“That whole stadium is a temporary stadium. It’s designed to be temporary,” said Angelos. “If it was every something that we had to stay in for our whole career, we’d probably have to take it down and rebuild it back up because it is temporary.” 

Angelos added that moving the Hawai’i football team back to Halawa will allow for more facilities for the program.

“I’m hoping that it will because that will also free up land on our camps to do a (student-athlete) performance center and to have football practice fields and things like that that we can use 365 days a year,” he said.

The Hawai’i athletic director noted there isn’t much space on lower campus and that the football team currently has to share their lone field with intramural and marching band practice, which is “unheard of at the FBS level.”

The state legislature already committed $400 million to the NASED project budget in 2022, but the eventual master developer must front the rest of the cost in exchange for exclusive rights.

There was also a bill that was moving in the State House this past legislation to make the stadium on the university campus’ permanent with using previous funds set aside for NASED to go towards higher-than-expected Maui wildfire recovery costs, but it died in the State Senate shortly after it crossed over on March 7.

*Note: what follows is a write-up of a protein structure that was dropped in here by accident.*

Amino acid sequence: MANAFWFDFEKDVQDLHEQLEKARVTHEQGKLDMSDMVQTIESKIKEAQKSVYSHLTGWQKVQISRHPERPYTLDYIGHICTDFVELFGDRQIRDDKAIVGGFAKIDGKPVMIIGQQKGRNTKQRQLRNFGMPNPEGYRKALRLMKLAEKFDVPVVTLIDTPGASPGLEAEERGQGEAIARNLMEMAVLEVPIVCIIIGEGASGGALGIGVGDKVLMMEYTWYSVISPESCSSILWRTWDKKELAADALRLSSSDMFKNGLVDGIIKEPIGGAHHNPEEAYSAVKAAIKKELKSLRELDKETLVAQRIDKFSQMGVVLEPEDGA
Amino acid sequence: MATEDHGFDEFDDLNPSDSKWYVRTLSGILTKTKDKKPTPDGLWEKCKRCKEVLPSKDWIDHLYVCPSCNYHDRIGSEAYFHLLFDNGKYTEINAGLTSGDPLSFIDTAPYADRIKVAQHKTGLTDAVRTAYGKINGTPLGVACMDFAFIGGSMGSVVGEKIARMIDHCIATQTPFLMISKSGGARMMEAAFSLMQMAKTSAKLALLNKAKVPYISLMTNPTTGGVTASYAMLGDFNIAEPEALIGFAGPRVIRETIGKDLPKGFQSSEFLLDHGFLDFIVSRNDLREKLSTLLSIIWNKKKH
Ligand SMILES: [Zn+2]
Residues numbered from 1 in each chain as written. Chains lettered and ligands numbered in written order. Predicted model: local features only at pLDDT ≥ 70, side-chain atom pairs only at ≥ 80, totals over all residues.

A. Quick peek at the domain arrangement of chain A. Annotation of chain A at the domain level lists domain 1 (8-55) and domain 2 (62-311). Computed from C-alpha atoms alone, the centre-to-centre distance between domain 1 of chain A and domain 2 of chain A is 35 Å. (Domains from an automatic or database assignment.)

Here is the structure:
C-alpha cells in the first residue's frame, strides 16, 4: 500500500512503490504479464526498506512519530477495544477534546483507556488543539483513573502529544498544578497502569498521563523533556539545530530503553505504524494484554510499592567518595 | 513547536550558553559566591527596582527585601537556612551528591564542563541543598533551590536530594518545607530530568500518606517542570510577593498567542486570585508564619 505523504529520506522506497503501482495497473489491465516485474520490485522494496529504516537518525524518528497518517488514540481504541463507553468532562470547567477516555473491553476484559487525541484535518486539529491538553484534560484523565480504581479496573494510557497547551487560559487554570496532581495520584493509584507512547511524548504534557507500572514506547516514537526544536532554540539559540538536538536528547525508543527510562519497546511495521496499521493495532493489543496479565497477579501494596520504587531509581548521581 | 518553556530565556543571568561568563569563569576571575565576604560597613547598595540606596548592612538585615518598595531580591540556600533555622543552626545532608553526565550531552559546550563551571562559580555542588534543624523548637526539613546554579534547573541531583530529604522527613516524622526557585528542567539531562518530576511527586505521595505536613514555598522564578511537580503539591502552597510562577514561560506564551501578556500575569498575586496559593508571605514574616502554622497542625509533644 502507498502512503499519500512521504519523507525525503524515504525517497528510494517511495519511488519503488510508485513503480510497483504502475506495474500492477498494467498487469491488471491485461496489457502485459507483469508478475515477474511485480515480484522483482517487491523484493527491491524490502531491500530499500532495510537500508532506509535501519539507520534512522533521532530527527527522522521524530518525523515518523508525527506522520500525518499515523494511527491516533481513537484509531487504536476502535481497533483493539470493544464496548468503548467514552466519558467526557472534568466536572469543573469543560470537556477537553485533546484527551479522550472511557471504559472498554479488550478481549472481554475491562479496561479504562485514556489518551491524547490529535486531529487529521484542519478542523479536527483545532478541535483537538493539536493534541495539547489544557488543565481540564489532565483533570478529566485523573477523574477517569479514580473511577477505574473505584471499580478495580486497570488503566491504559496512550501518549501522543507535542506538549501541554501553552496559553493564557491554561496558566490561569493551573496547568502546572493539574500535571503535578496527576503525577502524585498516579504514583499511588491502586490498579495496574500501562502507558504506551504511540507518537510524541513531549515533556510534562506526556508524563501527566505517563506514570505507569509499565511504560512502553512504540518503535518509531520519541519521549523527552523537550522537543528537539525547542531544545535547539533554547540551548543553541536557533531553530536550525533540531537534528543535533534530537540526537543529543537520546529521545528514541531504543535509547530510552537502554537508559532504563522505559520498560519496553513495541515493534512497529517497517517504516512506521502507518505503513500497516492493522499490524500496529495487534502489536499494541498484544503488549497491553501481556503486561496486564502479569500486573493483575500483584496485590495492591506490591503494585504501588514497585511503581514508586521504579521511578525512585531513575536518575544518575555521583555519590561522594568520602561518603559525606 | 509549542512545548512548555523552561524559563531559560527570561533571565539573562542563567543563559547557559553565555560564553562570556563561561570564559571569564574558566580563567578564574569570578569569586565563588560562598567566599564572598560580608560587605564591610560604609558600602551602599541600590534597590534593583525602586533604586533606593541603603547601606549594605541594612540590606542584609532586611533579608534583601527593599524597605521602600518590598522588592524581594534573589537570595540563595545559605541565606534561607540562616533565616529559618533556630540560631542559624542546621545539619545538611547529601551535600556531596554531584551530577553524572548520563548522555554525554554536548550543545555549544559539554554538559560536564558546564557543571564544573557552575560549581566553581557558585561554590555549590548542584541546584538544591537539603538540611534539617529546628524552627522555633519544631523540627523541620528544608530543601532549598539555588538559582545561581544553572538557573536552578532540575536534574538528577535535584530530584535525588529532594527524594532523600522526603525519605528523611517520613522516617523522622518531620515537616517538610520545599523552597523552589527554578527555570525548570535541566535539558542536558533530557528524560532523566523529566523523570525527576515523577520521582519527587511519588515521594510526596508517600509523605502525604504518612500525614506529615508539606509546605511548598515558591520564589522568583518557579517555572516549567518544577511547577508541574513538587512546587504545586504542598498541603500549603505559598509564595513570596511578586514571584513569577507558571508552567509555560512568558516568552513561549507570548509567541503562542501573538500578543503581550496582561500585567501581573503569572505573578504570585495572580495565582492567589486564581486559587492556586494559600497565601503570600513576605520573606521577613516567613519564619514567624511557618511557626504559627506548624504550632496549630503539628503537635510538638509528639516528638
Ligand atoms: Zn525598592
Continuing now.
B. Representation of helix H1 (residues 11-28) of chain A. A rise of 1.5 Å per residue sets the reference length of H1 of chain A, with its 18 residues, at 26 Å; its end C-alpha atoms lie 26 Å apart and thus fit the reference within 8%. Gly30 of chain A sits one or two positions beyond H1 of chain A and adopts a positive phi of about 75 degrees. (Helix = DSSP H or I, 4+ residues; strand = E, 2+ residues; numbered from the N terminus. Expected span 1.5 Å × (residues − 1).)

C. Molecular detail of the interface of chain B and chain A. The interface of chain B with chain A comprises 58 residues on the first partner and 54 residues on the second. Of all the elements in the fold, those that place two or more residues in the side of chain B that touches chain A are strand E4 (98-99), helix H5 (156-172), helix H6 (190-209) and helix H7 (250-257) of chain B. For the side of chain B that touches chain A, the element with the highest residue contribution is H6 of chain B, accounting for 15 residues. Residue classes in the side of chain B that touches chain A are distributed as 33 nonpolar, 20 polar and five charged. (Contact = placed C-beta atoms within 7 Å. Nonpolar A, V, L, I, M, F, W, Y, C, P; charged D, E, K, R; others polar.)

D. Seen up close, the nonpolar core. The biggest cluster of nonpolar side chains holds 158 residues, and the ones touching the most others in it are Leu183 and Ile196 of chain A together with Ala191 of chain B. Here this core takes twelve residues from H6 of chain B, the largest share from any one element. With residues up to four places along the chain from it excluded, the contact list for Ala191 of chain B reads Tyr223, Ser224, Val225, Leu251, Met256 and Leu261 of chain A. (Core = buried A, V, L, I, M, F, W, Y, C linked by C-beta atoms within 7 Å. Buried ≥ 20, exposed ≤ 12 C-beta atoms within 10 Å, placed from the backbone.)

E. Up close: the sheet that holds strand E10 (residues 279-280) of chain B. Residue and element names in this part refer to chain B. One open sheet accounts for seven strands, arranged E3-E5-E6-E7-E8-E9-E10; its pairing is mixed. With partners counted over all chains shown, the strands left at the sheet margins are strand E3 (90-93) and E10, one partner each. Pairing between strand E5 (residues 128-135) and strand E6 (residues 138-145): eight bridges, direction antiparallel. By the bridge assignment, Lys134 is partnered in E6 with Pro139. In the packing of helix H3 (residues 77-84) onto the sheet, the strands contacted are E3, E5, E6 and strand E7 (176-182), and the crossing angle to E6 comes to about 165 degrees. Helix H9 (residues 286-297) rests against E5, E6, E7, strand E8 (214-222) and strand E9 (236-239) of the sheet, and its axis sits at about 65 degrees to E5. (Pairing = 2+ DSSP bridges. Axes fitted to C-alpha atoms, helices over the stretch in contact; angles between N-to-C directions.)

New Aloha Stadium Entertainment District Project Update — December 14, 2023

New Aloha Stadium Entertainment District Project Update — December 14, 2023

New Aloha Stadium Entertainment District Project Update — December 14, 2023


HONOLULU — A press conference was held on the morning of December 14, 2023 by administration in charge of the new Aloha Stadium Entertainment District project to provide the general public with an update regarding the project, with state officials like Gov. Josh Green, Senator Glenn Wakai and representatives from Mayor Rick Blangiardi’s office in attendance to show unified support for the large undertaking for the state. 

Below are some of the key points and moments from Wednesday’s press conference in order of speakers and final miscellaneous questions. 

Governor Josh Green: 

  • Major questions of being able to undertake the project while providing the necessary aid to Maui following the wildfires are not a concern, Green said. The NASED project will not have any negative impact on the focus of rebuilding from the tragic loss. 
  • The integrated private-public partnership reduces the financial risk to the state, beginning today. Financial risk moves to the private sector as the project is on-going, along with some of the upside, as the stadium and housing around it is built. 
  • Building the stadium will benefit the community going into the future — $2 billion of economic output generated from construction spending alone, translating into 12,000 construction jobs and more than $600 million in construction wages.